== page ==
BOISE, Idaho (AP) — An Idaho man scheduled to be executed at the end of the month is asking a federal court to put his lethal injection on hold and order a new clemency hearing after the previous one resulted in a tie vote.
Thomas Eugene Creech is Idaho's longest-serving death row inmate. He was already serving time after being convicted of killing two people in Valley County in 1974 when he was sentenced to die for beating a fellow inmate to death with a sock full of batteries in 1981.
Last month, the state's parole board voted 3-3 on Creech's request to have his sentence changed to life without parole after one of its members recused himself from the case. Under state rules, a majority of the board must vote in favor of clemency for that recommendation to be sent to the governor.
But even that is no guarantee. The state also allows the governor to overrule clemency recommendations, and Gov. Brad Little said last week that he has “zero intention of taking any action that would halt or delay Creech's execution.”
“Thomas Creech is a convicted serial killer responsible for acts of extreme violence," Little said in a statement, later continuing, “His lawful and just sentence must be carried out as ordered by the court. Justice has been delayed long enough.”
During his clemency hearing, Ada County deputy prosecutor Jill Longhurst characterized Creech as a sociopath with no regard for human life. She noted his long criminal record, which also includes murder convictions in Oregon and in California. Yet another murder indictment in Oregon was dropped by prosecutors because he had already been given four life sentences there.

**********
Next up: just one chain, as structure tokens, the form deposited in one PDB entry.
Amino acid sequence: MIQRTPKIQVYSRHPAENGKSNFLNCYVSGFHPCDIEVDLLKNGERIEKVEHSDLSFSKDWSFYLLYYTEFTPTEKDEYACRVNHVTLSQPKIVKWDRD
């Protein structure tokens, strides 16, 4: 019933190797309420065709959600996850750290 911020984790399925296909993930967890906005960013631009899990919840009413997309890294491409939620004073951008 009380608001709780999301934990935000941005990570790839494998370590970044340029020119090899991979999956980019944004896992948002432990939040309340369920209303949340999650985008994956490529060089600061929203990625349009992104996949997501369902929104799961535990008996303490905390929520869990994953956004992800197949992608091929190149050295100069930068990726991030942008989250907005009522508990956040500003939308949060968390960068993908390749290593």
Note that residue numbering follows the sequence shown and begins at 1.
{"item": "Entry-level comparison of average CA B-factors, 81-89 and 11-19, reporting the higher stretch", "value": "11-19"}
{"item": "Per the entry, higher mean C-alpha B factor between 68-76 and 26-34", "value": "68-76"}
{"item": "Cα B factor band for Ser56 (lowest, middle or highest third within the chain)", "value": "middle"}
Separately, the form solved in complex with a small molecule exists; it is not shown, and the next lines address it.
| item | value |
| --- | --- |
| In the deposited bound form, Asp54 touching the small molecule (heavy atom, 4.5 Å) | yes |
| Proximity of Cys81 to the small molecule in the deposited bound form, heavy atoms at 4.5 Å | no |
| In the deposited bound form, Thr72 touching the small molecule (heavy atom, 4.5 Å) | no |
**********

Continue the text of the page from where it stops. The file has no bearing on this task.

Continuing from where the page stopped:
At times, Creech has claimed to have killed several more.
“The facts underlying this case could not be more chilling,” then-U.S. Supreme Court Justice Sandra Day O'Connor wrote in a 1993 opinion, upholding an Idaho law about when defendants can be sentenced to death. The ruling came after Creech appealed his sentence, arguing that the statute was unconstitutionally vague.
“Thomas Creech has admitted to killing or participating in the killing of at least 26 people," O'Connor continued. "The bodies of 11 of his victims — who were shot, stabbed, beaten, or strangled to death — have been recovered in seven states.”
Creech's defense attorneys say that the number of killings tied to him is highly exaggerated and that Creech, 73, has changed during his decades behind bars.
Creech has had a positive influence on younger inmates and went 28 years without a single disciplinary offense before being written up once in 2022 for a “misunderstanding over a card game,” lawyer Jonah Horwitz with the Idaho Federal Defenders Office said during his clemency hearing.
Creech has drawn support in his commutation request from some seemingly unlikely sources, including a former prison nurse, a former prosecutor and the judge who sentenced him to death.
Judge Robert Newhouse told a clemency board last year that no purpose would be served by executing Creech after 40 years on death row. Doing so now would just be an act of vengeance, he said in a petition.
In their federal appeal seeking a new clemency hearing, Creech's defense attorneys say having one board member absent from the decision put their client at an unfair disadvantage. Normally an inmate would have to convince a simple majority to get a clemency recommendation, but with one person missing, that became two-thirds of the board, his attorneys noted.
Either another board member should have stepped aside to avoid a tie vote or someone else should have been appointed to fill the seventh seat, they said.
Creech also has two appeals on other issues pending before the Idaho Supreme Court and has appealed another case to the 9th U.S. Circuit Court of Appeals.